Much like a schoolboy, Tony grabs his backpack and gives me a nod. It is 10:36. We have put in a full day and it is time to go home. It’s funny to think that he spent his whole day participating in this seemingly simple task – but that he brought so much pleasure to so many.
I’m not actually a pizza person. At least I wasn’t until I tasted the house favorite a few years back: The Grandma Nonna. I am a thick crust kinda girl and this square slice just does it for me. The Nonna Maria is pretty life changing as well. They are both knee-buckling bites to eat.
And while I didn’t consider myself a pizza-craving fanatic like most manhattanites, lately, I have been dreaming about hooking my arm up to an intravenous drip of that Bleecker Street marinara sauce. Yes, I have been dreaming about pizza – and Tony and Miguel and Greg and Doug and the rest of the boys at Bleecker Street. I have been thinking about how hard they work and how much heart they put into each and every slice. If you happen to find yourself wandering around Bleecker Street and 7th Avenue – I beg you to pay them a visit. If you can’t get down that way, give them a ring for delivery. You just might get me at your doorstep.
Visit me on Thursday, October 29, 2009 at: Bleecker Street Pizza, Bleecker St & 7th Avenue, NYC 10AM – 2AM After my day on the job I will be blogging about the experience. Be a part of it! Eat my Pizza! Read my stories!Got any pressing Pizza questions? Send me a note and I will ask them for you! http://www.bleeckerstreetpizza.com/index.htm
Chinese Food, TV dinners & my Thursday cooking lesson with Mom
When I was growing up, dinner at the Bandolik household was nothing fancy. Don’t get me wrong, it was special – but it just wasn’t fancy.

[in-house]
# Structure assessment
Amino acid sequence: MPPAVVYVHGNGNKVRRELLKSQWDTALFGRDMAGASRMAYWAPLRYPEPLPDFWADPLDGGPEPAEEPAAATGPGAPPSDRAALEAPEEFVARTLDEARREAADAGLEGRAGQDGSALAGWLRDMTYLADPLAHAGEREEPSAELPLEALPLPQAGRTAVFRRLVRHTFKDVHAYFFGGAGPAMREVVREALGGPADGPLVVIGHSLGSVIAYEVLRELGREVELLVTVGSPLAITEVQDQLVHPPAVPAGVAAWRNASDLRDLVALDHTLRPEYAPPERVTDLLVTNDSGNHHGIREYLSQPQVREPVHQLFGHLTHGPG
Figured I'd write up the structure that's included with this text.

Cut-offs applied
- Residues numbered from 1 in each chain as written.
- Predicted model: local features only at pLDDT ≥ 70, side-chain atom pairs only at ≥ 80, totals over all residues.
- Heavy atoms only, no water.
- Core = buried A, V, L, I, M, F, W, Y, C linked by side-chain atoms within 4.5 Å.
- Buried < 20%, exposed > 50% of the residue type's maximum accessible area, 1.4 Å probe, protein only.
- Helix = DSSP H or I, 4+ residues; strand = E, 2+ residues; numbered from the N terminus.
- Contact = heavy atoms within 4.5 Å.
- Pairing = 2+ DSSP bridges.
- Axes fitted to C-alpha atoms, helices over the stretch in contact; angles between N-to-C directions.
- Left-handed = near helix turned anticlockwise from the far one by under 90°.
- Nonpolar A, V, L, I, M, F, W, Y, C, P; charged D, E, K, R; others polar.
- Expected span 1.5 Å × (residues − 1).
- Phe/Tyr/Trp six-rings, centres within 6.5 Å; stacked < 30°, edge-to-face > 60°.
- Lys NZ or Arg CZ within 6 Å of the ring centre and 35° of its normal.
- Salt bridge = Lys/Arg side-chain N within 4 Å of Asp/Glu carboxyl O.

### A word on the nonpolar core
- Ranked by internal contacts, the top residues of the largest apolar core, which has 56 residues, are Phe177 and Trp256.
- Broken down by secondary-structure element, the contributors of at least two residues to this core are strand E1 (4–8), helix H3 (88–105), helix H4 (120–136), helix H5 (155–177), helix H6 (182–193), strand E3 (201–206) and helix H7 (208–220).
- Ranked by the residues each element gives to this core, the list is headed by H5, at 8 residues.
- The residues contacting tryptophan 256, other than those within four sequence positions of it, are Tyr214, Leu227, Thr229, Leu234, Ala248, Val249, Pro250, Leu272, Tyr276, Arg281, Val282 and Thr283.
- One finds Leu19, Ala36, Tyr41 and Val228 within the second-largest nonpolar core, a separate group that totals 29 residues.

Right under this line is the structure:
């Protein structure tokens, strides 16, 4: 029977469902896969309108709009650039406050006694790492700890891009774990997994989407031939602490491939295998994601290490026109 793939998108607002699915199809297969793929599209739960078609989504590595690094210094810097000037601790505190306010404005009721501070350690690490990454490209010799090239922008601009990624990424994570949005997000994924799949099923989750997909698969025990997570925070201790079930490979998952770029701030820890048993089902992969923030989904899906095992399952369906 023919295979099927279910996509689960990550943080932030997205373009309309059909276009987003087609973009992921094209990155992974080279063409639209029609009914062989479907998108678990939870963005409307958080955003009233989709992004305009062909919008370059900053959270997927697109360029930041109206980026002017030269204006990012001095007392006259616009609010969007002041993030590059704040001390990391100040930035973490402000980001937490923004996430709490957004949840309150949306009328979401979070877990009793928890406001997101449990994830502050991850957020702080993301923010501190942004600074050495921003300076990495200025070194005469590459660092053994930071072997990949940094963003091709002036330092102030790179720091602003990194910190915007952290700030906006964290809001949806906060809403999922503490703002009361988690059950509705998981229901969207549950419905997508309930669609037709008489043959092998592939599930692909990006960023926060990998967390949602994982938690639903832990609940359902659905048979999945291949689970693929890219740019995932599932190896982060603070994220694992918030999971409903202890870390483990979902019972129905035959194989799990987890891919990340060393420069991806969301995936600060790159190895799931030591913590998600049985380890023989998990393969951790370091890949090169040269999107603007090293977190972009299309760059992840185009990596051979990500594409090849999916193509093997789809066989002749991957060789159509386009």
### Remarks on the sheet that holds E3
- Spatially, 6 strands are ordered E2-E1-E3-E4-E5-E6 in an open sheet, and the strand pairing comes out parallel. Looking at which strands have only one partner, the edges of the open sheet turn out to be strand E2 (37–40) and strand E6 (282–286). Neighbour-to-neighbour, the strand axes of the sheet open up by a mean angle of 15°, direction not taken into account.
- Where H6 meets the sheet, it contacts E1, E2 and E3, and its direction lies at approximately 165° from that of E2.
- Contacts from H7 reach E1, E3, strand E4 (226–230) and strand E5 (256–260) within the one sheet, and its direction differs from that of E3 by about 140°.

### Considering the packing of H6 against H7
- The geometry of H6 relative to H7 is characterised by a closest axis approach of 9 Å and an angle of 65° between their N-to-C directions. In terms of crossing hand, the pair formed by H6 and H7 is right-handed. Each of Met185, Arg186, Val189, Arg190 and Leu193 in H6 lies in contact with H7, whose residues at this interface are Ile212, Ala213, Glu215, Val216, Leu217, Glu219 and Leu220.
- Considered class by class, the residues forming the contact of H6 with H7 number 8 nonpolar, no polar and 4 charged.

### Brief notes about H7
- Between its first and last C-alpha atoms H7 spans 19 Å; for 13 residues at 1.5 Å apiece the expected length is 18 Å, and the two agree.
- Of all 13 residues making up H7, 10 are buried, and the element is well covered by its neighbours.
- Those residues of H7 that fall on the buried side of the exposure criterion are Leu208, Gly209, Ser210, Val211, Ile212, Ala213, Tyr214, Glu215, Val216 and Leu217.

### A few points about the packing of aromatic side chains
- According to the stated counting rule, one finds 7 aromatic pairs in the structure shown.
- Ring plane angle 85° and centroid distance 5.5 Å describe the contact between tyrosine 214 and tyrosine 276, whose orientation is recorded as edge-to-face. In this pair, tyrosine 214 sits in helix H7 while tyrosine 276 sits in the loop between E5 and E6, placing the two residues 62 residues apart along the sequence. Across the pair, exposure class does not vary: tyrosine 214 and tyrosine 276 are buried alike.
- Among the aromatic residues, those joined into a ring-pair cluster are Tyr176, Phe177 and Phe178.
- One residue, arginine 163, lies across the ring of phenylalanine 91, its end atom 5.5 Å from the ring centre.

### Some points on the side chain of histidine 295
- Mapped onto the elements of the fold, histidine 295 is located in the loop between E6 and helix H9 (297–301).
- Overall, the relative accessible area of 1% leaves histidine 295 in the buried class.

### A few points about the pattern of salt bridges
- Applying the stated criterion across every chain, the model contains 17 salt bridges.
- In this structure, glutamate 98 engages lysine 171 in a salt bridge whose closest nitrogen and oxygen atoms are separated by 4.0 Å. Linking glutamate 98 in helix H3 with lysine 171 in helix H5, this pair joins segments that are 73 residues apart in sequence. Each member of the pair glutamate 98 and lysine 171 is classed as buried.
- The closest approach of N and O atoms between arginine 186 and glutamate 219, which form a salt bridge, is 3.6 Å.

The early years
Sometimes it meant ordering Chinese Take-out from the one decent delivery place in town. I remember when my Dad would phone in the order and the voice on the other end of the phone would respond, “ah yes, Uncle Kenny, hello.” He was such a frequent customer, they knew him on a first name basis. To this day they still call him Uncle Kenny – even though he is not an uncle to anyone there. As the story goes, one day my father happened to walk into the Chinese restaurant at the exact same time as my cousin – and my cousin gave my father a big, “Hello Uncle Kenny.” So my Dad forever became known as Uncle Kenny to the staff of Ming Garden.
A familiar and comforting image
On very special nights, my family would go out to dinner – also involving Chinese food. We would often frequent Panda Garden or Johnny Chih’s in Westhampton Beach. I remember all of the elements and how very special it was to be dining outside of the home. White table cloths, white linens, steaming hot tea and fresh crunchy noodles in a bowl. My favorite element of this experience was that we shared everything. Plates of food filled the table and were passed from one to another. We would chat about what tasted good, and what we didn’t like, what we should have gotten, and what we’ll get next time. Comments on the perfection of the crispy walnut shrimp (they get it right every time!) or the blandness of the chow fun (why do we keep ordering this?) or the fullness of our bellies (why did I eat the whole egg roll?) filled the table. The idea of shared food and a shared experience warmed my little heart. Less so for my older sister, Jennifer. She hated Chinese food.
One of our family favorites in Westhampton Beach